Council reduces funds to traffic safety programs by $2.6M over two years

· The Pulse
By Jackson Spring
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Facing projected losses of photo radar enforcement revenues, Edmonton city council has decided to reallocate and reduce funding for three traffic safety programs.

A report presented to council by city administration on April 6 estimates the city will bring in $20 million less than the previously budgeted estimates over the next two years from traffic safety automated enforcement. To close the gap, the report recommends reducing funding for programs in the Safe Mobility Strategy, which are funded by the traffic safety automated enforcement reserve, by $2.6 million.

The report said the projected loss of revenue is primarily due to a decision by the provincial government to reduce the share of traffic enforcement revenues that go to municipal governments.

Council voted unanimously to reduce funding for two traffic safety programs, and voted 12-1 to increase funding for one, with Coun. Mike Nickel voting against.

Edmonton uses the money collected from photo radar tickets to fund many of its traffic safety initiatives. (City of Edmonton)

Edmonton uses the money collected from photo radar tickets to fund many of its traffic safety initiatives. (City of Edmonton)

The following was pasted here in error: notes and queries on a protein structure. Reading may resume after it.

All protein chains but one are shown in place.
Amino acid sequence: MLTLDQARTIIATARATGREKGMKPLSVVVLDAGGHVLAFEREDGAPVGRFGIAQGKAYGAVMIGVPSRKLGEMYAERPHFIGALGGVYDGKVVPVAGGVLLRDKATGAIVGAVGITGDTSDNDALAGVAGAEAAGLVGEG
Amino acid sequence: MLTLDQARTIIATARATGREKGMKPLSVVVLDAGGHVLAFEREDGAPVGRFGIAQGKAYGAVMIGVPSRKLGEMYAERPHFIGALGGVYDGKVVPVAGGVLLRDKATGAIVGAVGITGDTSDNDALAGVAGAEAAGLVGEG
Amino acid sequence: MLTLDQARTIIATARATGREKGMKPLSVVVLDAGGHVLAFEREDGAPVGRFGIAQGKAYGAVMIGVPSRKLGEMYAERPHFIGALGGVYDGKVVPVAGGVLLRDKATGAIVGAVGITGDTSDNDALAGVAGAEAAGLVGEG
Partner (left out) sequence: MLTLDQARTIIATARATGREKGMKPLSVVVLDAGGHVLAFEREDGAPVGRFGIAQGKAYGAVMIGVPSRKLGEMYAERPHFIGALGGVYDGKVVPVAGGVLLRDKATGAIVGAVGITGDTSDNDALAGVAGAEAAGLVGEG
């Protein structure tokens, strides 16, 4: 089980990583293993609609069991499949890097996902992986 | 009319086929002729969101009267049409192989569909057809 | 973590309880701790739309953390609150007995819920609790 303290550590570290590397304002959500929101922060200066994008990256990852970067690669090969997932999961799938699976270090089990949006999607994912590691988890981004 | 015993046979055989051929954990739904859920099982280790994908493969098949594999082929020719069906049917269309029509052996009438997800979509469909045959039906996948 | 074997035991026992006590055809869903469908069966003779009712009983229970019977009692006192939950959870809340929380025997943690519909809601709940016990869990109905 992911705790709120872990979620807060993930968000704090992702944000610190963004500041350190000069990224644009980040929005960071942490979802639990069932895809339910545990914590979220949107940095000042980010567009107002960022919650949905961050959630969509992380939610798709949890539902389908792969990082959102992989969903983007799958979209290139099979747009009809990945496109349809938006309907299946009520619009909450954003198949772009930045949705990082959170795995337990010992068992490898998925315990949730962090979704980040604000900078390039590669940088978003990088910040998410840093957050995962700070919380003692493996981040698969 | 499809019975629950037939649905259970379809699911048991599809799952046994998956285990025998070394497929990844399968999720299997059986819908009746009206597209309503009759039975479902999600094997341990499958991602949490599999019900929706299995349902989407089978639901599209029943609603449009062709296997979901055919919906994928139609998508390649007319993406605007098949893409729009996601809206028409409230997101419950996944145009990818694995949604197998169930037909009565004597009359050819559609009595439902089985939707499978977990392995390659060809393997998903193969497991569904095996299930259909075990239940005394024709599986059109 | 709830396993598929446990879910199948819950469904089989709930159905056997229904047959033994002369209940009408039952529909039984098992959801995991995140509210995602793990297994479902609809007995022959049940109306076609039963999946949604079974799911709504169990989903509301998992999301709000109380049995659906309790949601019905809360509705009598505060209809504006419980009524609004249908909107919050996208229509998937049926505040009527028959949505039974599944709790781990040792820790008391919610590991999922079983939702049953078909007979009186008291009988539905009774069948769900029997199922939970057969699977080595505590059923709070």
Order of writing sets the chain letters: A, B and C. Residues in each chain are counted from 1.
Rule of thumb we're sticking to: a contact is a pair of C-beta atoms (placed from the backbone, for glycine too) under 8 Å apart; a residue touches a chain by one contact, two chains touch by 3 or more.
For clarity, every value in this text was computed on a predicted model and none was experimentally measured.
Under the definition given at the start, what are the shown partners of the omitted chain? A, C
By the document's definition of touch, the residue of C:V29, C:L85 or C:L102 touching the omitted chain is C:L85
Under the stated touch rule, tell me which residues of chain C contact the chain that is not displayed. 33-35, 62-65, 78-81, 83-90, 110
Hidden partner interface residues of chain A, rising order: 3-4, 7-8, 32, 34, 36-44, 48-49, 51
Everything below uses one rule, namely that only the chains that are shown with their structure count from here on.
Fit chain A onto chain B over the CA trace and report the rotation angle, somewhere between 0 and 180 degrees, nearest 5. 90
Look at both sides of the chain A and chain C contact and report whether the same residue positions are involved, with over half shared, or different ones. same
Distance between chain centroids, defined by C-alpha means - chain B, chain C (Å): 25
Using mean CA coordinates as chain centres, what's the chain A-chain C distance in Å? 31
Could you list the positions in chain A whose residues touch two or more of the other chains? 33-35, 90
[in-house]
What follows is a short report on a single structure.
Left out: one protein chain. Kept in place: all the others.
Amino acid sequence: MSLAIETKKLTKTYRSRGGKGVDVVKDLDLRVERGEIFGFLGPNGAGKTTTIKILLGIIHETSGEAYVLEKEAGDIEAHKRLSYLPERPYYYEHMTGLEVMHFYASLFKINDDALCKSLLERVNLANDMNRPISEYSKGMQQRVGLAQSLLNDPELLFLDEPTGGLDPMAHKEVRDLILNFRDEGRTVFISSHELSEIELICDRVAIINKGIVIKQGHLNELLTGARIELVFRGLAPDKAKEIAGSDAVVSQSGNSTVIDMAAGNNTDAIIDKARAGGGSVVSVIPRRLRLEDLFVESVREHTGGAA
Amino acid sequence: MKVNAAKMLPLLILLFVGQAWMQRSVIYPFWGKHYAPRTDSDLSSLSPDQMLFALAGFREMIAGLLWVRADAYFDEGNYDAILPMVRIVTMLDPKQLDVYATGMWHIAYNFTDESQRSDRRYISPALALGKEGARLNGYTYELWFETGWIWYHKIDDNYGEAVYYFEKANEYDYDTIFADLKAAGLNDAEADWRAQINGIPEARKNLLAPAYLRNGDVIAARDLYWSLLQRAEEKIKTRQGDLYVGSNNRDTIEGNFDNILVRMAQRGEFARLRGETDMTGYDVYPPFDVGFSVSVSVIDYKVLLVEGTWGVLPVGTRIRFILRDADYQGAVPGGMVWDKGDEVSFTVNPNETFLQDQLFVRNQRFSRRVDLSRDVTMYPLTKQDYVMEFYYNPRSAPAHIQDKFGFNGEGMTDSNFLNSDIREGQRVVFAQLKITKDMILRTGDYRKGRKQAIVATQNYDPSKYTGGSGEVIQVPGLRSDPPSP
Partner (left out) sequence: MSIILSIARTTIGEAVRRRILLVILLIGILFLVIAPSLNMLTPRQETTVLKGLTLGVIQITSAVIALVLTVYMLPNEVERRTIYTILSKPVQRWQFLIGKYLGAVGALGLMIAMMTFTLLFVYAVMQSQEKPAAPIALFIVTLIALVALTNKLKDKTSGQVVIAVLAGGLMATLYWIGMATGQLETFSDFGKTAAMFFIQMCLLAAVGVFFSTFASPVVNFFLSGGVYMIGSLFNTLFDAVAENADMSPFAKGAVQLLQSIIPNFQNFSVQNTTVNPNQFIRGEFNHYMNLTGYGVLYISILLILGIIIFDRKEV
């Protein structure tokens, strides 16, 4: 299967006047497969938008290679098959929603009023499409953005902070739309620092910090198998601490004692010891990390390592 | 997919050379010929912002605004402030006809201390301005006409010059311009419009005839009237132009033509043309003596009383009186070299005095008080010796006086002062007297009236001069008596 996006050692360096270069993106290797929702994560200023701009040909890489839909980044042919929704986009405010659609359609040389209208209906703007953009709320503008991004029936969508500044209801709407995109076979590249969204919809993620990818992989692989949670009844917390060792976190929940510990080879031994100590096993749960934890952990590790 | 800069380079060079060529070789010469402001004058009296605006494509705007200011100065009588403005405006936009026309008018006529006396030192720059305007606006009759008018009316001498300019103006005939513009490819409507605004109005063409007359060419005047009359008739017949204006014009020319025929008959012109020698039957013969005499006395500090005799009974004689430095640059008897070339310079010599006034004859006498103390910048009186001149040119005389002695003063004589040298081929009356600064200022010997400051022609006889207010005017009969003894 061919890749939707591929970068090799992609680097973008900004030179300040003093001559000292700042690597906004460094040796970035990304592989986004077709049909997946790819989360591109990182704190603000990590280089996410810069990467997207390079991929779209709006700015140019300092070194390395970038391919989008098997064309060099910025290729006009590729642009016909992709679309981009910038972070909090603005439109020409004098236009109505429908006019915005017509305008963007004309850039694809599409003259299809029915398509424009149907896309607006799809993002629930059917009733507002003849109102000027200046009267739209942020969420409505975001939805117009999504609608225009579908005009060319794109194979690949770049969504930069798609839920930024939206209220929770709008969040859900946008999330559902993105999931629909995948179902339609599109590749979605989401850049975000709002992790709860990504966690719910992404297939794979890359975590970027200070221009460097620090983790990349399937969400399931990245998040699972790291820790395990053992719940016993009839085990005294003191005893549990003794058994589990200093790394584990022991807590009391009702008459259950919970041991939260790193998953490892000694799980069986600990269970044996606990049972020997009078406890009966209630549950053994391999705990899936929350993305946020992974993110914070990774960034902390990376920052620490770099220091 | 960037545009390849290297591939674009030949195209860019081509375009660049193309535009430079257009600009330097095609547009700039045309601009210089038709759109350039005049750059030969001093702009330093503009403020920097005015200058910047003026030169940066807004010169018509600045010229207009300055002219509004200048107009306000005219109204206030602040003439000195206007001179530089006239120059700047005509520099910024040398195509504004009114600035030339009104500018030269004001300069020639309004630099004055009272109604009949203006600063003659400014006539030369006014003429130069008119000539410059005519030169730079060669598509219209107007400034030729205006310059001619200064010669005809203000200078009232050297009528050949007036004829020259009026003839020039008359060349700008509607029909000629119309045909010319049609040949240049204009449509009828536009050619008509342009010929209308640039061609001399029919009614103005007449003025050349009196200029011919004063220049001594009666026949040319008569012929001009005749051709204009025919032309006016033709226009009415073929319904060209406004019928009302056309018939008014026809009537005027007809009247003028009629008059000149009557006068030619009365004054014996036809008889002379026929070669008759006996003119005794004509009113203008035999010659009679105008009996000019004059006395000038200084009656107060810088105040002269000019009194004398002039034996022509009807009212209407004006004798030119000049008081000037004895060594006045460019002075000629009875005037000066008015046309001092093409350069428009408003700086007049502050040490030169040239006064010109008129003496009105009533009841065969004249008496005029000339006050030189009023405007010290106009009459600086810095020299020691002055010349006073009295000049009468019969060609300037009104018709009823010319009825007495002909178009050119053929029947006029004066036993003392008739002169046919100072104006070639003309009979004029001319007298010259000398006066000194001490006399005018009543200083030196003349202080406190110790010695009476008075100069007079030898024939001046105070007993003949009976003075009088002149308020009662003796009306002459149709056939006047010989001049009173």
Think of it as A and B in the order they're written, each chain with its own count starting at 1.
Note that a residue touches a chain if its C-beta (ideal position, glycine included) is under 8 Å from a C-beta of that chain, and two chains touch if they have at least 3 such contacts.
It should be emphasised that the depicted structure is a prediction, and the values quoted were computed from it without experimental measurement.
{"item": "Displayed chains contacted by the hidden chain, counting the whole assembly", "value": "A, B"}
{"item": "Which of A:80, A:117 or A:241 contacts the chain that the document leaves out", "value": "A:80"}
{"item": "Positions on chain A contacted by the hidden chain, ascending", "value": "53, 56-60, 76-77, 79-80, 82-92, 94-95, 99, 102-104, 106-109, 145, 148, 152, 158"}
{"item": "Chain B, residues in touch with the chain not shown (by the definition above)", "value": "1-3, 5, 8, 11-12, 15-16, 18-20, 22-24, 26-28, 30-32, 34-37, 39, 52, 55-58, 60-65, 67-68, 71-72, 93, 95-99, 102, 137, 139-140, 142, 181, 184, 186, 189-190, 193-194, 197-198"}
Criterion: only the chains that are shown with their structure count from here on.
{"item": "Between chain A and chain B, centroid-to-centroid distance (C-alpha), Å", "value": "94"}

The school safety program, which funds improvements to pedestrian crossing infrastructure around schools with elementary students and the construction of drop-off and pickup areas, will lose $1 million. Jessica Lamarre, the city's director of traffic safety, said this change reflects changes in the estimated costs of the program, and will not affect the safety improvements themselves.

The project to lower residential speed limits to 40km/h from 50km/h will lose $1.3 million. Most of the original budget was allocated for new speed limit signs, and the report said the city will reduce the number of signs, rather than change them, to make up the difference.

Despite the cuts, the city also approved some funding — $700,000 for community activation programs, which includes Vision Zero Street Labs, an initiative to help communities design their own temporary traffic safety measures. The report said Street Labs are "low-cost, low-risk ways for citizens and community groups to work with the city to trial safer street designs for all."

"We can start rolling the program out — hopefully within the next week or so," Lamarre said in response to the funding approval.